7 defining moments in Winter Classic history

The University of Michigan's "Big House," saw a record 105,491 fans turn out to watch the Red Wings and Maple Leafs in the 2014 Winter Classic.

New Year’s is simultaneously a time for looking forward and reflecting.

So as the Montreal Canadiens and Boston Bruins prepare to face off Jan. 1 in the NHL’s eighth Winter Classic, let’s take a look back at the frozen moments that have defined the previous seven installments.

2008: Sidney Crosby caps off shootout
The original Winter Classic could not have been scripted any better.

A then-record-breaking 71,217 fans huddled together at Buffalo’s Ralph Wilson Stadium and saw the game’s best player win the inaugural event in a shootout.

“I walked on the field in the snow and looked up and marvelled at the fact there had never been that many people at an NHL game before,” commissioner Gary Bettman told us.

“The magnitude of the event the first time we did it struck me.”

That Crosby was the night’s hero didn’t hurt either.

Bonus: Crosby’s puck-juggling

2009: Pavel Datsyuk’s magic highlights Red Wings comeback
In the highest-scoring Winter Classic, Jiri Hudler scored twice for the Detroit Red Wings in a 6-4 come-from-behind victory at Chicago’s Wrigley Field.

But we’ll seize any opportunity to show you a Datsyuk play, and this defence-splitting burst up the middle is a beauty:

2010: Marco Sturm’s OT winner
Boston’s Marco Sturm — who announced his retirement from professional hockey at the beginning of 2014 — was the hero at Fenway Park when he converted a sweet pass by Patrice Bergeron in the extra frame.

With the Bruins’ 2-1 victory over Philadelphia, Boston became the first home team to win the Classic, which served as a nice prelude to the 2010 playoffs, when the Flyers would get the last laugh. Philly rallied from a 3-0 series deficit to defeat the Bruins in the Eastern Conference Final.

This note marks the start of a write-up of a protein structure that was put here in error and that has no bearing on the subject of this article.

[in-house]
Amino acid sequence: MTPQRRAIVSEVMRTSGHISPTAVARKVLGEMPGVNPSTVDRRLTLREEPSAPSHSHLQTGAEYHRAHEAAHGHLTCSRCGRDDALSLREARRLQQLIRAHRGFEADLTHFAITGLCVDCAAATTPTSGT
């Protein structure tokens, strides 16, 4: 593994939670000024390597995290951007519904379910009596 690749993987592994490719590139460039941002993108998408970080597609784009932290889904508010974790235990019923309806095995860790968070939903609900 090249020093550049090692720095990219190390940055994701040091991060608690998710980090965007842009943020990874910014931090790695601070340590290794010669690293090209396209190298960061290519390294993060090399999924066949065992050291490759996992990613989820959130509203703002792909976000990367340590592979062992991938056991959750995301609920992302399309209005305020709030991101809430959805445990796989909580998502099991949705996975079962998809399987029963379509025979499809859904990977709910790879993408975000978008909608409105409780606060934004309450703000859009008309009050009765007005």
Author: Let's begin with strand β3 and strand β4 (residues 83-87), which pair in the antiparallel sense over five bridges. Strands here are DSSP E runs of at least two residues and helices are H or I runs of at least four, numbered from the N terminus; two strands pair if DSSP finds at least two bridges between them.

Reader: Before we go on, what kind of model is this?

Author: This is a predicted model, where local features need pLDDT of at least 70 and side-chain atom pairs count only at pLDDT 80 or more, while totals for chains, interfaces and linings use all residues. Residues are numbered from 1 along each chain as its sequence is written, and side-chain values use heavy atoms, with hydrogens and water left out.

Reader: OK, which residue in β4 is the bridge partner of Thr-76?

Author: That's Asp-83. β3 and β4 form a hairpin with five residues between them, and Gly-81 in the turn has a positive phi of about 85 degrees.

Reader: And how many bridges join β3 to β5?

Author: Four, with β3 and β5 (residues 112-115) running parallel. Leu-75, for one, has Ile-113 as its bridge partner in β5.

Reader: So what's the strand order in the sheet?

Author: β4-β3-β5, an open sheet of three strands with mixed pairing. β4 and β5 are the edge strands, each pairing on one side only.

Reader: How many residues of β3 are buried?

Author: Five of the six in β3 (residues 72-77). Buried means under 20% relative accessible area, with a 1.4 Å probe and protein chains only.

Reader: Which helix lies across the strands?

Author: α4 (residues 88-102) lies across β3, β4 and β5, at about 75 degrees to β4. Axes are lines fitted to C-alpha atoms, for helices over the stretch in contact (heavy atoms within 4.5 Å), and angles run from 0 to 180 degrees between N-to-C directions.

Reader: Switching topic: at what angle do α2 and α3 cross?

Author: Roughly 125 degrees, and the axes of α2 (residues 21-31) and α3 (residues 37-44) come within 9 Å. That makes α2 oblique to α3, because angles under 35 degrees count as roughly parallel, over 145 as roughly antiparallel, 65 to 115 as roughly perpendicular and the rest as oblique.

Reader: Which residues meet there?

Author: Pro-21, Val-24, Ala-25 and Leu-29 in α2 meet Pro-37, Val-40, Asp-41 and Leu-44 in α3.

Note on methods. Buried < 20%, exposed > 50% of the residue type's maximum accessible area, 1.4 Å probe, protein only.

2011: Crosby gets blindsided
It was a Bettman nightmare of the sweatiest degree. The game’s marquee player being seriously injured at the game’s marquee event. And he didn’t even have the puck.

Thankfully for Crosby — and fans of excellence — he would return to the ice 20 games into the 2011-12 season. Fun fact: Despite only playing 41 games in 2010-11, Crosby racked up enough points (66) to lead all Penguins that season.

David Steckel played 425 NHL games, but he is destined to forever be remembered for this hit.

2012: Rangers victorious despite “disgusting” conspiracy between NBC, referees
Perhaps better known for its lead-up — Philadelphia goaltender Ilya Bryzgalov becoming a breakout personality on 24/7 and yet not even getting the start — the 2012 Classic was criticized by fiery New York coach John Tortorella.

Although Torts’ Rangers won 3-2, Henrik Lundqvist needed to stone Danny Briere on a penalty shot with just 19.6 seconds left in regulation to seal the deal.

“I’m not sure if NBC got together with the refs or what to turn this into an overtime game,” Tortorella said afterward. “For two good refs, I thought the game was reffed horribly.

“Maybe they wanted to get into overtime. I’m not sure if they had meetings about that or what. But we stood in there. I don’t want to… because they are good guys. I just thought it was, in that third period, it was disgusting.”

Tortorella was fined $30,000 for his comments.

2014: The picture-perfect Original Six gem
Michigan’s Big House hosted the big daddy of all Winter Classics, raising the bar to a level that may never be matched.

A cool 105,491 fans — primarily dividing the stadium in Red Wings red and Maple Leafs blue — plowed through a snowstorm to set the record for most attendees at a hockey game.

Hockeytown embraced the event like no other host, throwing two alumni games, and the game itself — waged under snow-globe conditions — was close, ending in a 3-2 shootout victory for Toronto.

The SportsBusiness Journal named the 2014 Winter Classic its “Sports Event of the Year.” All the sweeter after the game had been postponed a year due to the league’s ugly labour dispute.

2015: Toews gets shafted and Brouwer plays hero as Dad soaks in the sun
With 12.9 seconds left in a tie game and Chicago captain Jonathan Toews in the penalty box for a “horse—- call” (his words), the Capitals’ Troy Brouwer scores his first outdoor goal against the team that traded him to Washington in 2011.

Brouwer was instrumental in getting the Capitals to wear “CR” helmet decals in honour of Clint Reif. The player’s father, who is recovering from a stroke, was one of 42,832 inside a sunny Nationals Park.

“Knowing how my dad is right now,” Brouwer said. “He’s probably got a couple tears.”

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